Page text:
“... the optimist sees the rose and not its thorns; the pessimist stares at the thorns, oblivious to the rose,” Kahlil Gibran.
Optimists enjoy better health, more success, more happiness, and longer lives, than pessimists. No surprise, then, that psychologists are taking an increasing interest in our outlook on life. An unresolved issue is whether optimism and pessimism are two ends of the same spectrum, or if they’re separate. If the traits are separate, then in principle, some people could be highly optimistic and pessimistic – to borrow the poet Gibran’s analogy, they would be keenly aware of both the rose and its thorns.
Timothy Bates at the University of Edinburgh has turned to behavioural genetics to help settle this question. He’s analysed data on optimism and pessimism gathered from hundreds of pairs of identical and non-identical twins. These were participants from a US survey and their average age was 54. The twins rated their agreement with various statements as a way to reveal their optimism and pessimism such as “In uncertain times, I usually expect the best” and “I rarely count on good things happening to me.” They also completed a measure of the “Big Five” personality traits: extraversion, neuroticism etc.
The reasoning behind twin studies like this is that if optimism and pessimism are highly heritable (i.e. influenced by inherited genetic factors), then these traits should correlate more highly between pairs of identical twins, who share all their genes, than between non-identical twins, who share approximately half their genes. And if optimism was found to be more heritable than pessimism, or vice versa, this would indicate different genetic influences on optimism and pessimism.
Another insight from twin studies is to disentangle the relative influence of shared and unique environmental factors – these are the aspects of a twin’s upbringing that they share with their sibling, such as parenting style, and those that are unique, such as the friends they keep.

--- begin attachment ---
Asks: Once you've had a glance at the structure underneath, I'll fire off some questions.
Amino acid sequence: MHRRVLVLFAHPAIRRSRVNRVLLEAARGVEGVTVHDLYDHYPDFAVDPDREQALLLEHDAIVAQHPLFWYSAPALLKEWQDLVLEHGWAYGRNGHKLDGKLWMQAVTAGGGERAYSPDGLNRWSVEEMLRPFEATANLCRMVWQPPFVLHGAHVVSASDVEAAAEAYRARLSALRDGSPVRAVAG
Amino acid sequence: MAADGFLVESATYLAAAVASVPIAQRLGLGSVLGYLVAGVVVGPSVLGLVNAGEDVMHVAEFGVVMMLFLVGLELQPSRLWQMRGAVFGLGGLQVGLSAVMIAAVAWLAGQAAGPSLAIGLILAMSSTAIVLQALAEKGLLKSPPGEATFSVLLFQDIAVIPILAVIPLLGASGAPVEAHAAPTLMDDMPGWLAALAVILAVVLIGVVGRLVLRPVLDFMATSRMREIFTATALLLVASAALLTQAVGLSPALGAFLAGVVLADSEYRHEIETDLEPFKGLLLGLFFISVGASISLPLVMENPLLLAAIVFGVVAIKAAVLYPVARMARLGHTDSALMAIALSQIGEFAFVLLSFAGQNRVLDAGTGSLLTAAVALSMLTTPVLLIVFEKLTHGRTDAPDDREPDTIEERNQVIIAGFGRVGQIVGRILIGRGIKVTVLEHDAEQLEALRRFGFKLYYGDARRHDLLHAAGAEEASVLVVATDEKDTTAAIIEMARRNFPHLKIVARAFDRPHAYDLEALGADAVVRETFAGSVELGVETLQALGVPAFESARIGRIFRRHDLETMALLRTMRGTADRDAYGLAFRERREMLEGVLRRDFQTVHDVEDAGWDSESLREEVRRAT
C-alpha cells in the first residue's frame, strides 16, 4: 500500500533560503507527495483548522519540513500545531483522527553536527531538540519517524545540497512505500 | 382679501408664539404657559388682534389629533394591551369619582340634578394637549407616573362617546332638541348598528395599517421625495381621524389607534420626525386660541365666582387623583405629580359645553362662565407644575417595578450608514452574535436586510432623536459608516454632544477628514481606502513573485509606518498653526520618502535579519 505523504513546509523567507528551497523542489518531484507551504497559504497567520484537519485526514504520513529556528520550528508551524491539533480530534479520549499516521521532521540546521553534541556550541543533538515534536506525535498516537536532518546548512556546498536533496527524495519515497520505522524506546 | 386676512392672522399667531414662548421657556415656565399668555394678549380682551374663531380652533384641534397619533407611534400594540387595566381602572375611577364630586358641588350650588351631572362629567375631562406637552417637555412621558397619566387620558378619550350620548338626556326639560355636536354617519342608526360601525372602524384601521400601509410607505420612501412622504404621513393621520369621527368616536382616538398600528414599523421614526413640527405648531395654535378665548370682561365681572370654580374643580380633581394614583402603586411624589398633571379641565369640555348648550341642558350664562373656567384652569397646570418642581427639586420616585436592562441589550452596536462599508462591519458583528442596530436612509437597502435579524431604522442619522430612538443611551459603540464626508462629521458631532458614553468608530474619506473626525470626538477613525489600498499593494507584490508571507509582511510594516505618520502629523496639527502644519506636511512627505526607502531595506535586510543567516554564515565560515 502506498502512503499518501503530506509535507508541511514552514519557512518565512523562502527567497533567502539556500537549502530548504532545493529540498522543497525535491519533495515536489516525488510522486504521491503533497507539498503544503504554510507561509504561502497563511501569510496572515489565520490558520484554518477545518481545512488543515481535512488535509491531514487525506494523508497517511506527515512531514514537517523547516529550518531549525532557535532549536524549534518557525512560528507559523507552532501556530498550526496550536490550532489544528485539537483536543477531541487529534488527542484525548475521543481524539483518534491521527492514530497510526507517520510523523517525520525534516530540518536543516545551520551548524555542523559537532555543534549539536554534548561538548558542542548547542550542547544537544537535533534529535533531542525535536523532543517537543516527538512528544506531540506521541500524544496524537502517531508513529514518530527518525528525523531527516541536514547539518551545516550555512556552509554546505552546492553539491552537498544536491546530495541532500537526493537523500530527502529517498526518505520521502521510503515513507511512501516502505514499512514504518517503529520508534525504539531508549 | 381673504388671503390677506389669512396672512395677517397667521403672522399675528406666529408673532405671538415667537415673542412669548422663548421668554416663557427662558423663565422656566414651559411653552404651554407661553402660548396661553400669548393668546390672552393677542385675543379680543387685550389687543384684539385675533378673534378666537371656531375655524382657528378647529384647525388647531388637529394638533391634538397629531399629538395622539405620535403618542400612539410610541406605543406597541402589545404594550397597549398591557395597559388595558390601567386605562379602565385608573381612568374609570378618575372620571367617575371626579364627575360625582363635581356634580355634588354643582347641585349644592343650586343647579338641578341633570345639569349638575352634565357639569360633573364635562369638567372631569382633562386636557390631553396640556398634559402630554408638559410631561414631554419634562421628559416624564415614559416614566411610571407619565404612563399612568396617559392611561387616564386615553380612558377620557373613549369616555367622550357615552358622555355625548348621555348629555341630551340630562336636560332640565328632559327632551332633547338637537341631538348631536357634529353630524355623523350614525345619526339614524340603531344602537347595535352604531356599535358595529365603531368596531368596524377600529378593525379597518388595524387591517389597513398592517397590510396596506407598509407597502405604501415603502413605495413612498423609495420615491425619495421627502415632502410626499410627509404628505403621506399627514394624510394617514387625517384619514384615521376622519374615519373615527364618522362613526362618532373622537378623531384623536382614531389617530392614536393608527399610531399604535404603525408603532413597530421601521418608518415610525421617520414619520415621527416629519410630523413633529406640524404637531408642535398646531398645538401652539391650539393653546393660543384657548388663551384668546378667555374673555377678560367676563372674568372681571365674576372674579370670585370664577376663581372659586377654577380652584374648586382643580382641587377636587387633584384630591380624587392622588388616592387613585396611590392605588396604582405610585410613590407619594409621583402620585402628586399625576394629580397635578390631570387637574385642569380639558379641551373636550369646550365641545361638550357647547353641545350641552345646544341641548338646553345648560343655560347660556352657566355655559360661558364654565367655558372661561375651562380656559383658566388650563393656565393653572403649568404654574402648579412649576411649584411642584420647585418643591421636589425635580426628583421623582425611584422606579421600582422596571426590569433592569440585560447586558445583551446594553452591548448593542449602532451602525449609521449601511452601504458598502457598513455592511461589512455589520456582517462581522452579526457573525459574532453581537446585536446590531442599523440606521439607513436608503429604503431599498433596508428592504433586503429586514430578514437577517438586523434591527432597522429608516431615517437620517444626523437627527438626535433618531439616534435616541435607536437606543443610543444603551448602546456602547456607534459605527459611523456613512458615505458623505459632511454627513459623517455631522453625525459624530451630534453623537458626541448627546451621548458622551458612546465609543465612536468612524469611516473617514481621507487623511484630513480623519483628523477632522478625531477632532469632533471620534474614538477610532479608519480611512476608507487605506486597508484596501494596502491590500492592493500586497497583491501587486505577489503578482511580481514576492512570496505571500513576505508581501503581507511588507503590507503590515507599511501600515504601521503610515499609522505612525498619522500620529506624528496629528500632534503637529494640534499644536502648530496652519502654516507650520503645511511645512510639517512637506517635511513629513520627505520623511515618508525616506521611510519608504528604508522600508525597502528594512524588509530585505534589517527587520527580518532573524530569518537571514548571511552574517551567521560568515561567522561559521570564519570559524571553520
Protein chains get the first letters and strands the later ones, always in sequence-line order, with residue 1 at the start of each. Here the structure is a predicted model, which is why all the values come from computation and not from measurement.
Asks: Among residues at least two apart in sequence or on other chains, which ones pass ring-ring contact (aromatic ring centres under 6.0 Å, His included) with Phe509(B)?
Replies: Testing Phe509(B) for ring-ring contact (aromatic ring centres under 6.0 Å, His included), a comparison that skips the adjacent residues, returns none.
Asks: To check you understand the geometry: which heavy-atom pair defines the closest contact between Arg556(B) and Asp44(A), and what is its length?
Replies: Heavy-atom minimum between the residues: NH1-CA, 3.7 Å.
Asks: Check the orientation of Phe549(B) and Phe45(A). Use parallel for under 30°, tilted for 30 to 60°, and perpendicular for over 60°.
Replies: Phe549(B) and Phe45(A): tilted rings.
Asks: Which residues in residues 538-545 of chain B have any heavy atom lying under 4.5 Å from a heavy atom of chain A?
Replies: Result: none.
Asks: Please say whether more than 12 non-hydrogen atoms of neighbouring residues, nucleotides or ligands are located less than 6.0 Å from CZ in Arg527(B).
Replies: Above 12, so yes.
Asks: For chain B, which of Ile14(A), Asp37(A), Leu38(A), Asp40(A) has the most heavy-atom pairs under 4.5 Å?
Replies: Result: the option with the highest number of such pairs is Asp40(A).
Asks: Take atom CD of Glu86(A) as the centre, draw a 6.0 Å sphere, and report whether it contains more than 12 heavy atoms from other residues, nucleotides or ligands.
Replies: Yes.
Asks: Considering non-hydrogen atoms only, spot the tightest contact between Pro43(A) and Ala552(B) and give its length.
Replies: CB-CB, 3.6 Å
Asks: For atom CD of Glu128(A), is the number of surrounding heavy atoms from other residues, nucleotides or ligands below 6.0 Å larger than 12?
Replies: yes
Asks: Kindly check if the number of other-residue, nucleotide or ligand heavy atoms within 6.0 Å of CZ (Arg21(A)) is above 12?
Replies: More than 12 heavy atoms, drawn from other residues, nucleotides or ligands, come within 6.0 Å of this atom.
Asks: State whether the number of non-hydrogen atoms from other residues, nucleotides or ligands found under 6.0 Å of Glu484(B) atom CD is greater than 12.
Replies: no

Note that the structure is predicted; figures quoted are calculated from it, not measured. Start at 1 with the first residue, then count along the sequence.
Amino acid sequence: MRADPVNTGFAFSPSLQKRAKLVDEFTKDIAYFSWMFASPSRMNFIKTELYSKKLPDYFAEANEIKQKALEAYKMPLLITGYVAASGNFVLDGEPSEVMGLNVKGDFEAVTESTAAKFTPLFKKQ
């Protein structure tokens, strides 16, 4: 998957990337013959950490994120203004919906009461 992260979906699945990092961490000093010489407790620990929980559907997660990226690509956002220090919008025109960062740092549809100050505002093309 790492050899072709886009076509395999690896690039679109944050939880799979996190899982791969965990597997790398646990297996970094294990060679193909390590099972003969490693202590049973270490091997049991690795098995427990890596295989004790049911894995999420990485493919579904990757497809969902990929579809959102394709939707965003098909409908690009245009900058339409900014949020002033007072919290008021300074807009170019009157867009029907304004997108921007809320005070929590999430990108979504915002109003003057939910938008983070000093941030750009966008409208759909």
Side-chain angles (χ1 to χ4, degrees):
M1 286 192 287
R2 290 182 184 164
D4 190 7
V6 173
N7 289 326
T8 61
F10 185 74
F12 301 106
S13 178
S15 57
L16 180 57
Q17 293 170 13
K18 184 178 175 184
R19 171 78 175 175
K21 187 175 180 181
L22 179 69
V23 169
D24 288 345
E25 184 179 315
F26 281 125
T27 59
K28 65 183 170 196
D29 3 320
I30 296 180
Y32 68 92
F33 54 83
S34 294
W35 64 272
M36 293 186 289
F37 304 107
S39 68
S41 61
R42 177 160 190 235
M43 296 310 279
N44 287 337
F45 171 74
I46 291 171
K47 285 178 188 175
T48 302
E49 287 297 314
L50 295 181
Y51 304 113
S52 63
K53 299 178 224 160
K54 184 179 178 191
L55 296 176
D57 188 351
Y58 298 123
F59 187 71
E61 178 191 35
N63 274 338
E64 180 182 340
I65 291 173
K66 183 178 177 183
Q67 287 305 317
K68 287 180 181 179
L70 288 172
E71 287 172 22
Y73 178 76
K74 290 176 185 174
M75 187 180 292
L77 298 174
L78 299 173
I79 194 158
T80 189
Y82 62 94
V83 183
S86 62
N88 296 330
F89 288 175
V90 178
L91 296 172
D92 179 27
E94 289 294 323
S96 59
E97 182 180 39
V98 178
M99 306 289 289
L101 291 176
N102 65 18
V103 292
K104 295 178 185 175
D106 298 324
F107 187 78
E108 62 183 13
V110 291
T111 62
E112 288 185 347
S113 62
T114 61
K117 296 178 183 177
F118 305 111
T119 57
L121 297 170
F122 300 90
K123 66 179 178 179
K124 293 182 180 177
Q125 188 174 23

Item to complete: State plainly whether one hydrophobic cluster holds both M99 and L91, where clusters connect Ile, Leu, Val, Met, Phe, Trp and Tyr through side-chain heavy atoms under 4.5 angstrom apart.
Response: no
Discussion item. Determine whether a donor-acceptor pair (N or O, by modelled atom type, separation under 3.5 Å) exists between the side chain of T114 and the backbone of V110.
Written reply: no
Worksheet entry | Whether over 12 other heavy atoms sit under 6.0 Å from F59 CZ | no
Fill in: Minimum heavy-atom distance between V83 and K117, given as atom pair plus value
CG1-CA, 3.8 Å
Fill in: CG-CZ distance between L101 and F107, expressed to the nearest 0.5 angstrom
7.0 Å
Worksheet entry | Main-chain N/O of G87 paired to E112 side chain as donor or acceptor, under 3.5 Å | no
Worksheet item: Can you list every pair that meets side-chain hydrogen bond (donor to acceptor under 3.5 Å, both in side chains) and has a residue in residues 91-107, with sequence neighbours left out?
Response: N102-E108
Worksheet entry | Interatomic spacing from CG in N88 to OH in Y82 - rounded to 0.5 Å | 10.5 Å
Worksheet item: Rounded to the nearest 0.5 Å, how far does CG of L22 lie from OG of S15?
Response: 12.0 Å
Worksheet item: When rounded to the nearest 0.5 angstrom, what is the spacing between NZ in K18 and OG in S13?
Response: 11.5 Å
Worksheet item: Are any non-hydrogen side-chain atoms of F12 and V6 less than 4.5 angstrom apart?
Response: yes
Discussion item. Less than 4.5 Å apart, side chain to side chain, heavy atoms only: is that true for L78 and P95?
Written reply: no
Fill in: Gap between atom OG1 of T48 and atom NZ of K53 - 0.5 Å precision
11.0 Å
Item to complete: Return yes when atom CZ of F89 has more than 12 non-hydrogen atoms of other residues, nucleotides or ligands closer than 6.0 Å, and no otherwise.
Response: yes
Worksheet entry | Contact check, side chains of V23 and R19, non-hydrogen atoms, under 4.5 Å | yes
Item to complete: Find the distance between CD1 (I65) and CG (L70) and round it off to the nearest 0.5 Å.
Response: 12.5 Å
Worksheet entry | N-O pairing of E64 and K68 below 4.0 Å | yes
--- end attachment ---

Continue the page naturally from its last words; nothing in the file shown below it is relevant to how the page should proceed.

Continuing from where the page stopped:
Bates’ analysis indicates that optimism and pessimism are subject to shared genetic influences (with each other, and with other personality traits), but also to independent genetic influences, thus supporting the notion that optimism and pessimism are distinct traits, not simply two sides of the same coin.
“Optimism and pessimism are at least partially biologically distinct, resulting in two distinct psychological tendencies,” Bates said. He added that this dovetails with neuroscience evidence that’s indicated there are separate neural systems underlying optimism and pessimism.
The new findings also suggested there is a “substantial” influence of upbringing on optimism and pessimism (i.e. increasing one and lowering the other, and/or vice versa). This raises the intriguing possibility that optimism might to be some extent a malleable trait that can be encouraged through a child’s upbringing.
Bates, T. (2015). The glass is half full half empty: A population-representative twin study testing if optimism and pessimism are distinct systems The Journal of Positive Psychology, 1-10 DOI: 10.1080/17439760.2015.1015155